The Battle of Mogadishu, also known as “Black Hawk Down occurred during the Somalia Civil War in Mogadishu, Somalia. According to Battersby, Paul, Somalia’s President was overthrown by rebel groups from his own country. The country was divided by different groups that were all fighting to gain political control. (2009) One of the assemblies, led by Mohamed Farrah Aidid, was called the United Somali Congress.
In late 1991, conflict continued in the capital city of Mogadishu and throughout the country of Somalia. The civil unrest in the country led to greater concerns such as refugees, starvation, etc. for the vast majority of the country. From the beginning, the United States assisted the United Nations with humanitarian efforts. The United States goals drastically changed when the assembly groups began to steal the humanitarian deliveries. According to Alex, Dan, Tensions between the United Nations and the United States were mounting as Ambassador Howe of the United Nations put pressure on the United States Presidents administration to capture Mohamed Farrah Aidid and his leaders. (1993). During that time, the U.S. dispatched Army Rangers, Delta Force, and 160th Special Operations Aviation Regiment, also known as “Night Stalkers”, to assist in the conflict.
These three forces were handed a task to capture Aidid and his top advisors. Tasks such as a ground convoy, perimeter defense, and airlift entry/exit were divided among the three groups. When one of the black hawk helicopters arrived at the site where Aidid was believed to be, it was struck by a rocket propelled grenade, or RPG. The ground convoy team rushed to the crash site but found it difficult to maneuver the tight streets and road blocks that Somalis prepared. During this period, a second black hawk was struck and went down at a different crash site. The convoy team was instructed to head to the second site after extracting survivors form the first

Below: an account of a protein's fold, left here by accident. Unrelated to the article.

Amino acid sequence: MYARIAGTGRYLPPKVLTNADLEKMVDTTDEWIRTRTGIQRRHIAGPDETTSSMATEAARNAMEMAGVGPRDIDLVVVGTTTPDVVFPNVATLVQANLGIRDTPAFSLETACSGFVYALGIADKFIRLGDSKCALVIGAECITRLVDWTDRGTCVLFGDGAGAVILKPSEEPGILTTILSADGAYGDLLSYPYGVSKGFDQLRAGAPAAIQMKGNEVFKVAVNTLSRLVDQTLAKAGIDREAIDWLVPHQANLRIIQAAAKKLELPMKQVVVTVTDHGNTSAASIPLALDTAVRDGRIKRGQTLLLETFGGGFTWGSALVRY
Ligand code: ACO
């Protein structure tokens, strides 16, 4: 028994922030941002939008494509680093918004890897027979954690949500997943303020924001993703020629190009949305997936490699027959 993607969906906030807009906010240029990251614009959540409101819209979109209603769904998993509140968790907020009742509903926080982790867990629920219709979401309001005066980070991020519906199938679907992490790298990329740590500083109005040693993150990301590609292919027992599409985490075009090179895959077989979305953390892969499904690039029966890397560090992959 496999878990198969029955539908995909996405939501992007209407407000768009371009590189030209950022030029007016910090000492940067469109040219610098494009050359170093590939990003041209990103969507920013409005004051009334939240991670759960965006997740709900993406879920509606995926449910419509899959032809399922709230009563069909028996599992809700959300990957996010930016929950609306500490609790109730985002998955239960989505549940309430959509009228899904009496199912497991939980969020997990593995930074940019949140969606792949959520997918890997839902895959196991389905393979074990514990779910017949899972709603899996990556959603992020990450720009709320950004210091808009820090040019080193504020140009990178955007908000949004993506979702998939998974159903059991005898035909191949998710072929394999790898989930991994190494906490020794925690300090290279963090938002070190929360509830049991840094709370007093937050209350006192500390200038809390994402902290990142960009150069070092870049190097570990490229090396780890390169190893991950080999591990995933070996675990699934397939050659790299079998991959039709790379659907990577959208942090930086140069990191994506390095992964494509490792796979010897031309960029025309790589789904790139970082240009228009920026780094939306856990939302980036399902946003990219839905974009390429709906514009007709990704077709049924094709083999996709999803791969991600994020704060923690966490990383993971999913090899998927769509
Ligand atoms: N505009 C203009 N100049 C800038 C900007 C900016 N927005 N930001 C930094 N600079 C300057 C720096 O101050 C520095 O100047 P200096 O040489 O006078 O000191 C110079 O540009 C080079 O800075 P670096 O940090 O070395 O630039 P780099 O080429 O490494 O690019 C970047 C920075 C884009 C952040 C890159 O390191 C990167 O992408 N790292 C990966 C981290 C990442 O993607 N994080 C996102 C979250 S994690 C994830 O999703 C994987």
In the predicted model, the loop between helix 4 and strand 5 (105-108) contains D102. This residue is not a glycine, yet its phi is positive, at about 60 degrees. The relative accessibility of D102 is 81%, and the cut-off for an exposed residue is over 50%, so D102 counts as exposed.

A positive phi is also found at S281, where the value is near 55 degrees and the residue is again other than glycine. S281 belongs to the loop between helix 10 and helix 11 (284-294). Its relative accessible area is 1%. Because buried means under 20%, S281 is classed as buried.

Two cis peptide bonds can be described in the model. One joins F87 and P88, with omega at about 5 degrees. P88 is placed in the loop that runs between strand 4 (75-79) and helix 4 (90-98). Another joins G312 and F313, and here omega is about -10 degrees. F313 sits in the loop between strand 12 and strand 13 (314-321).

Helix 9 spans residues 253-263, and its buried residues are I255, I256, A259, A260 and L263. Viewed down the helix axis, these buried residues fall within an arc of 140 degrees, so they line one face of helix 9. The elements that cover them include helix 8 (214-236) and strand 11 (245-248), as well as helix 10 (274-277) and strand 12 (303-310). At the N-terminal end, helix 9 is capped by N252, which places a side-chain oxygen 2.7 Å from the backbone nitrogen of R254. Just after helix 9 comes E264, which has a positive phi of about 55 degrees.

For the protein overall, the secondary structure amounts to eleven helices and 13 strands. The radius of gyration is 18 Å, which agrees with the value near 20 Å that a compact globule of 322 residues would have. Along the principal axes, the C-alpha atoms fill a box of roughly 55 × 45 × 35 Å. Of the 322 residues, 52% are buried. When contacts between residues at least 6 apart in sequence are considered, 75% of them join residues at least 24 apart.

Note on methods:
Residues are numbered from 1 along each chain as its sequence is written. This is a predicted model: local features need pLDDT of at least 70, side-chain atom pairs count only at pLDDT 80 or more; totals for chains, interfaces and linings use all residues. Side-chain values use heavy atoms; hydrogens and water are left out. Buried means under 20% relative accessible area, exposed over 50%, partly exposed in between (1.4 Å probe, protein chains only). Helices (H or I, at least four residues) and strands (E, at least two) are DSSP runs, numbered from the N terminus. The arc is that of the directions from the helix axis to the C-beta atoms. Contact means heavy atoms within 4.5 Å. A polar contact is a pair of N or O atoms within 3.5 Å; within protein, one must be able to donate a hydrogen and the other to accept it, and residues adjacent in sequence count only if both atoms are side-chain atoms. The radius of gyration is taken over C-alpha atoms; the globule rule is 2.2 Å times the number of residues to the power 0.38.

Cited: 1. Battersby, Paul; Joseph M. Siracusa (2009). Globalization and human security. Lanham, Md.: Rowman & Littlefield. p. 151. 2. Alex, Dan. "Battle of Mogadishu (1993)." Military Factory. N/A, 1 Jan. 2003. Web. 25 Oct. 2014. 3. Eversmann, Matthew (SSG) (2005). The Battle of Mogadishue: Firsthand Accounts from the Men of Task Force Ranger. Presidio Press pp. 99–100